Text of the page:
Below is the unedited transcript from an interview with Mrs. Nellie Connally, former first lady of Texas and witness to the Kennedy assassination. Interviewed by Joe Nick Patoski

Texas Monthly: Mrs. Connally, where were you on Novemberember22, 1963?

Nellie Connally: You know where I was. I was in that assassination car with the president. With the president, Mrs. Kennedy, and my husband Governor John Connally.

TM: And is it vivid in your mind, every detail in your mind as you're going through the parade?

Nellie: Every detail is very vivid in my mind.

TM: When you replay this, what goes through your mind? You were riding in the limousine next to your husband, and behind you were the Kennedys.

Nellie: What do I think about?

TM: Yeah.

Nellie: All right. What was happening, and not believing it really.

TM: The horror. Is there a defining moment when all of a sudden things went wrong?

Nellie: The first shot and then on.

TM: You remember hearing it?

Nellie: I remember hearing it.

TM: And what was your immediate reaction?

Nellie: I looked toward the sound which is where the president was.

TM: Yes.

Nellie: And I saw his hands fly up to his face, and I saw him sink down, shot number one.

TM: And then?

Nellie: John Connally was trying to see him. He looked to his right and he couldn't see the president. He knew it was a gun shot. I just heard a loud noise. And John was afraid they were shooting at the president and he turned to see if he could see him on this other side and he couldn't see him there and in the process of turning back John was shot. Second shot.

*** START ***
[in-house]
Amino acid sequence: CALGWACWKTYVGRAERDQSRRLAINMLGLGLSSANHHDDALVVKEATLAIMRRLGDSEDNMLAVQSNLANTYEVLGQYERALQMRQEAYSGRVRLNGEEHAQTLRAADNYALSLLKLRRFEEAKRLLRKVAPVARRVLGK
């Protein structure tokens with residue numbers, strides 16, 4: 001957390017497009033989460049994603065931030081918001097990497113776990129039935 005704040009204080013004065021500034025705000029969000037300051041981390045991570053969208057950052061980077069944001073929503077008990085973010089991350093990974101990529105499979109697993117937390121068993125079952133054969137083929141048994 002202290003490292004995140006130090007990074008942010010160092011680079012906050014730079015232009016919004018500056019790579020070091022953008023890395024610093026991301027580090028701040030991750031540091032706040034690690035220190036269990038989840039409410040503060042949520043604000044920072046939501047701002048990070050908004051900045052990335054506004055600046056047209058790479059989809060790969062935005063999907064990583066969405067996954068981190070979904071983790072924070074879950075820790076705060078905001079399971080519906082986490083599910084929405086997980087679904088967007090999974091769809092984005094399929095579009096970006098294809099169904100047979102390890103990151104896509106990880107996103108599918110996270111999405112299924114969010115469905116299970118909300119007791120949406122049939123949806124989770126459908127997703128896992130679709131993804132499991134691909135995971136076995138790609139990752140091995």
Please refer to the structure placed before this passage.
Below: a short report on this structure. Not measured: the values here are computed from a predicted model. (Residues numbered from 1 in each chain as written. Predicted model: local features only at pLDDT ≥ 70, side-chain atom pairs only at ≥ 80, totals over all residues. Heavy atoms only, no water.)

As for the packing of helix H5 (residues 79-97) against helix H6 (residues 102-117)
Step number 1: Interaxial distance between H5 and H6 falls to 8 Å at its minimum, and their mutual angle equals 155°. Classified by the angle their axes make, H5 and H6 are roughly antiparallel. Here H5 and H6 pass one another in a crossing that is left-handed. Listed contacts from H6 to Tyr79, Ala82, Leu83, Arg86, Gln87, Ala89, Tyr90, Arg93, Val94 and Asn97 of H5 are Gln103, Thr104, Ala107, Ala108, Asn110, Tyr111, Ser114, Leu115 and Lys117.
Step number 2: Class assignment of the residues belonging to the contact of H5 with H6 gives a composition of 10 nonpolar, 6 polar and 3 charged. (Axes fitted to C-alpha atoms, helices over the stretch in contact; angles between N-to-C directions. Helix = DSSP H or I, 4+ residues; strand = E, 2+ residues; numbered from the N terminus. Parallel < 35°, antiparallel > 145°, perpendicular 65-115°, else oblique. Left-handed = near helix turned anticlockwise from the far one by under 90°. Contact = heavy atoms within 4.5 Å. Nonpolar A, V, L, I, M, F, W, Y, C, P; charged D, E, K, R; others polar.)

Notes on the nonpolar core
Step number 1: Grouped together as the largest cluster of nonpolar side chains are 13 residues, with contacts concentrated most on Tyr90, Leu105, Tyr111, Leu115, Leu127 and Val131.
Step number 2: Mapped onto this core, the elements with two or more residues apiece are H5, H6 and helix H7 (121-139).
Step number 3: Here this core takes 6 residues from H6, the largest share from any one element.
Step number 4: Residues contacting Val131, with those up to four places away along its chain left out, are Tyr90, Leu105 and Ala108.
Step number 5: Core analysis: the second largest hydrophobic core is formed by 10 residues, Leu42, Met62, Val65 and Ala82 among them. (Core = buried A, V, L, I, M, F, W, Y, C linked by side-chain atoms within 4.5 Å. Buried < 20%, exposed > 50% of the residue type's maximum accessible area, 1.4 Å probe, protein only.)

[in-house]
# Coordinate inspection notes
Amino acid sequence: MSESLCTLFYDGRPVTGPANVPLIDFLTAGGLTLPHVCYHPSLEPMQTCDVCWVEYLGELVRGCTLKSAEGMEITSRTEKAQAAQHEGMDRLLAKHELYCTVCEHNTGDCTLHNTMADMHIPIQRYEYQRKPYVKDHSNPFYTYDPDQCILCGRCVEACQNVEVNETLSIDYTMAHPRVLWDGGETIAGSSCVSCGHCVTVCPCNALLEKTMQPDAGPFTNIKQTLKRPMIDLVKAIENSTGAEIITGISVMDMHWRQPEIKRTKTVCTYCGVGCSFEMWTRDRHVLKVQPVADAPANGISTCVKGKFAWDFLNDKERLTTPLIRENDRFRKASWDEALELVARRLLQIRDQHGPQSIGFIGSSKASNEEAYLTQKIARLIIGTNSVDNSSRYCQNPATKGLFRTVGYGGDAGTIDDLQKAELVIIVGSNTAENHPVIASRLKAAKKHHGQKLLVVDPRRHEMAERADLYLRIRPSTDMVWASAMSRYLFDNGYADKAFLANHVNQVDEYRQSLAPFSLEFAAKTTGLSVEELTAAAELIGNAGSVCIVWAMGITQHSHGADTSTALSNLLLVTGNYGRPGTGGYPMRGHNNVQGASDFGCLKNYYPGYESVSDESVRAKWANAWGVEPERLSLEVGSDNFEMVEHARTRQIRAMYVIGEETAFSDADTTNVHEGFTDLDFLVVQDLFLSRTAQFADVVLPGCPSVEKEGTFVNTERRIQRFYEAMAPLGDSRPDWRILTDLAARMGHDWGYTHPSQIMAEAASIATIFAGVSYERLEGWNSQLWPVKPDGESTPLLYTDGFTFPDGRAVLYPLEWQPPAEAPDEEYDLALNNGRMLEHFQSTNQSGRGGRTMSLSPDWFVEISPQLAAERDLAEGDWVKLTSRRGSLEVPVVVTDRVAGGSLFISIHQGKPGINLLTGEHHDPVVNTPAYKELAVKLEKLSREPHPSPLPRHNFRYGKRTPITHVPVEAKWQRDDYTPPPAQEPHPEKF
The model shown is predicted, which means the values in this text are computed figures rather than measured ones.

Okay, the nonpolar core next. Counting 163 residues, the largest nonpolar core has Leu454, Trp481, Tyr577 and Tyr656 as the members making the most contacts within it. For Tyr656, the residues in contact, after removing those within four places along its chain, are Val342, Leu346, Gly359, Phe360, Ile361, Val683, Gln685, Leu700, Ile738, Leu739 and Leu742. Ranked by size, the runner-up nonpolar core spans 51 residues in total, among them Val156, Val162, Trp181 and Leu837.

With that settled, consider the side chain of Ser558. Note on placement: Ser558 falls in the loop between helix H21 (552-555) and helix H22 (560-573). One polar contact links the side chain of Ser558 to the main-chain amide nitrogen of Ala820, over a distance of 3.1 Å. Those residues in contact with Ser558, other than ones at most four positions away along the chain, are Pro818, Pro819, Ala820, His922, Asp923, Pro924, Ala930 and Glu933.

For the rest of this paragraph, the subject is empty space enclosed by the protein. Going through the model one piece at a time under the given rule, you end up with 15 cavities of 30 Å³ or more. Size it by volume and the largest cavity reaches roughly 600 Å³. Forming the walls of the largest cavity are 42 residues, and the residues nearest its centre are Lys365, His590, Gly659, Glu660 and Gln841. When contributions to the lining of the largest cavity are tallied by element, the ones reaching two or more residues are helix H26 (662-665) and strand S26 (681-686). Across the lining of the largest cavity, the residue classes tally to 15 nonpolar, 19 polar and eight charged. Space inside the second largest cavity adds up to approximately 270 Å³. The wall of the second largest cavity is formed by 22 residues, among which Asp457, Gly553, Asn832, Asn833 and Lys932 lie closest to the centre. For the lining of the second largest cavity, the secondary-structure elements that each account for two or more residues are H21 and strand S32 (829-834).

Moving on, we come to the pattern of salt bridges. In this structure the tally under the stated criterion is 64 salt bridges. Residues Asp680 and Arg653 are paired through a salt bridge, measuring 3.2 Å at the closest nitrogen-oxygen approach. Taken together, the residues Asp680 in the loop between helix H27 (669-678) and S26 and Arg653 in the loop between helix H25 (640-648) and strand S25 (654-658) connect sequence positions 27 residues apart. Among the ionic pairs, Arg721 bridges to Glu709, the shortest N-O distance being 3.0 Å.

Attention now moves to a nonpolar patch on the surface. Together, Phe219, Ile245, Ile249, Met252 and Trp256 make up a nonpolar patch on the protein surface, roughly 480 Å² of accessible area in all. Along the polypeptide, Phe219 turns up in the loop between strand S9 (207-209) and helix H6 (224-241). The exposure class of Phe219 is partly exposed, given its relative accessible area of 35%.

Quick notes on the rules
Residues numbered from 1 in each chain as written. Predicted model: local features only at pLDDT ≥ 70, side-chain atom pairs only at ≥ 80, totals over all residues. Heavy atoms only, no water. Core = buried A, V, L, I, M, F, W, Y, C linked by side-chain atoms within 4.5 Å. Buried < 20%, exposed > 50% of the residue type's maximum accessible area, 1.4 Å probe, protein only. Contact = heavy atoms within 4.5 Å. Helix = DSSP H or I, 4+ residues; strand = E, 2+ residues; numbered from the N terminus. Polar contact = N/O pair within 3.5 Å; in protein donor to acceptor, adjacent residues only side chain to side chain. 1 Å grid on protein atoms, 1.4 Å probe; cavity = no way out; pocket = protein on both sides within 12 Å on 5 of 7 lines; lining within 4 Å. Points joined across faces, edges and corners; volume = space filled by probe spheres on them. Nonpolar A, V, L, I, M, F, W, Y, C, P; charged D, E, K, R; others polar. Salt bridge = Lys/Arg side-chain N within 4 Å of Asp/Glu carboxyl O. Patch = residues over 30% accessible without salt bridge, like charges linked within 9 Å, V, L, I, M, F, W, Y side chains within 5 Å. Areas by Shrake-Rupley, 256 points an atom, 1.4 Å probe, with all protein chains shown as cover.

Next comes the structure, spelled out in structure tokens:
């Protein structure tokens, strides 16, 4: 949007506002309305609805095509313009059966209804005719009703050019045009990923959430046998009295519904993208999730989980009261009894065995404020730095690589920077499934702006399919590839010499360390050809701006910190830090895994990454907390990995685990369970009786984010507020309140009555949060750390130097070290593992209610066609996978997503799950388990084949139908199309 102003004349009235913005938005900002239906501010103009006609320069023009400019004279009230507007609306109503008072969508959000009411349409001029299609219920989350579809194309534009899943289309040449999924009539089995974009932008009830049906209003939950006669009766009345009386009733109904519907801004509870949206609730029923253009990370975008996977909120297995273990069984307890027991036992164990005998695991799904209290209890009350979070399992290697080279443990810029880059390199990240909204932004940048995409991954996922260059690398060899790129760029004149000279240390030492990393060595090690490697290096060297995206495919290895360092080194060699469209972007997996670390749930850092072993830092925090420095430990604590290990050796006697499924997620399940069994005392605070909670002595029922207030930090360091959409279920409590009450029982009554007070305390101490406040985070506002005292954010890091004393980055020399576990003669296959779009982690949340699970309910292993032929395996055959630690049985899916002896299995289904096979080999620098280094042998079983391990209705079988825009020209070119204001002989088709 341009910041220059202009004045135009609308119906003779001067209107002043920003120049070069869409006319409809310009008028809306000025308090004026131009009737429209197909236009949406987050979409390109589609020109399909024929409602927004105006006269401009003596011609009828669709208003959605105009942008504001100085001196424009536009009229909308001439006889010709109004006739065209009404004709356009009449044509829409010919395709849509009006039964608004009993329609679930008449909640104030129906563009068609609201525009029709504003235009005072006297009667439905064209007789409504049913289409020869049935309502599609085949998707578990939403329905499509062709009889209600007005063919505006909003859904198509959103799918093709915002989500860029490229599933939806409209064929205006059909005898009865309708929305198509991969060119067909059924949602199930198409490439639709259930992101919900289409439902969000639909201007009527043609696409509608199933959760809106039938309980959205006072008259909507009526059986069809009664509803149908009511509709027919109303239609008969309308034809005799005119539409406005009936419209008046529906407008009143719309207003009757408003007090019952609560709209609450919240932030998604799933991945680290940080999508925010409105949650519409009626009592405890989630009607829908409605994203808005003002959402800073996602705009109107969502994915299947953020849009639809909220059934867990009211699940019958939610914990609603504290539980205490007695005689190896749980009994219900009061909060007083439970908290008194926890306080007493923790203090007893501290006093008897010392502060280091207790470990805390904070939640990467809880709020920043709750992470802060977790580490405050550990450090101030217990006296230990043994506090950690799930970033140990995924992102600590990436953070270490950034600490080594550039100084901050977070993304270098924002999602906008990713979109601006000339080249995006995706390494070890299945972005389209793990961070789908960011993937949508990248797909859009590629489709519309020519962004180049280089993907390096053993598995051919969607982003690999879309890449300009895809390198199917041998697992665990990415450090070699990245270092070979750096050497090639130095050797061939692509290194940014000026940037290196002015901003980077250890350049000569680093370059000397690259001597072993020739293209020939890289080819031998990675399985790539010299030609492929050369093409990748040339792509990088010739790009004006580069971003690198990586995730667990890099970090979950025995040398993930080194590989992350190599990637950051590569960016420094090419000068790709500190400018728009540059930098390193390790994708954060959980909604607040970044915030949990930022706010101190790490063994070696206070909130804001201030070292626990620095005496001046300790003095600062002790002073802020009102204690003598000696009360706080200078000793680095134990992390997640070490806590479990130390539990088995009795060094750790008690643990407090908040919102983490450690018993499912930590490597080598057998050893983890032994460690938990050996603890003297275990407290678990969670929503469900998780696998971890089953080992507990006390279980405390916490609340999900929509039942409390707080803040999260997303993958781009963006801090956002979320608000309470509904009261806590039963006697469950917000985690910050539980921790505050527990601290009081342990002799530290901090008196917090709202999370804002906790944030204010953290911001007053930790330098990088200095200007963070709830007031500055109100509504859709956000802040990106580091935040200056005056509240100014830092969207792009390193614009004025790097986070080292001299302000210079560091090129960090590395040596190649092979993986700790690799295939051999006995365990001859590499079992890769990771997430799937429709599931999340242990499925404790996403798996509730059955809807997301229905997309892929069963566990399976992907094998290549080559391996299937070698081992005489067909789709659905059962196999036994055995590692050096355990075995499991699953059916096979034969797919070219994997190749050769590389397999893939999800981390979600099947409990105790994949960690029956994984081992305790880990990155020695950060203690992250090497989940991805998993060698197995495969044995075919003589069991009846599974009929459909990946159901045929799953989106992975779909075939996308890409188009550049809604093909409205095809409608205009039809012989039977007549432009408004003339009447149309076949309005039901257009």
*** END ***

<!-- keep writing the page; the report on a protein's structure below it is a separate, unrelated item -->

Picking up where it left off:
TM: Second shot. You've never wavered from this, by the way?

Nellie: I never will. I pulled him down in my lap because I didn't want him to hurt him anymore. I didn't want him to shoot at him anymore. And while I had him in my lap there was another shot. And my reaction to that was matter all over the car, blew up, we were in front of the Kennedys, it blew up all over us. Third shot.

TM: And you're covering your husband at this time.

Nellie: And he also, he has... he has... his hat in his hand. He always had that hat somewhere. He had the hat in his hand when I pulled him over and crouched him down and he was holding that hat up against him. He closed up that wound that would've killed him before we got to the hospital.

TM: So it was by circumstance that he was in the right position.

Nellie: It was not anything planned because I was just trying to get him down so they wouldn't hurt him. I didn't know we were saving his life.

TM: And you remained in that position all the way to Parkland Hospital?

Nellie: Yes, I never looked back after John was hit.

TM: What was going through your mind at the time? I mean the dilemma of speeding and you heard these gunshots, your husband's been injured, something happened behind.

Nellie: Well, it's so unreal that, you know, I didn't know what was happening. I couldn't understand it all. And I knew the president was in bad shape, I knew John was in bad shape, and I don't know how Jackie and I were spared. It was a terrible ride, but I sure was glad to get to a hospital.

TM: Did it seem to take forever?

Nellie: I don't know. No it didn't seem to take so long because with John in my lap I could see out the right side as we flew by the people that were standing on the side of the road and it looked like we were whizzing along.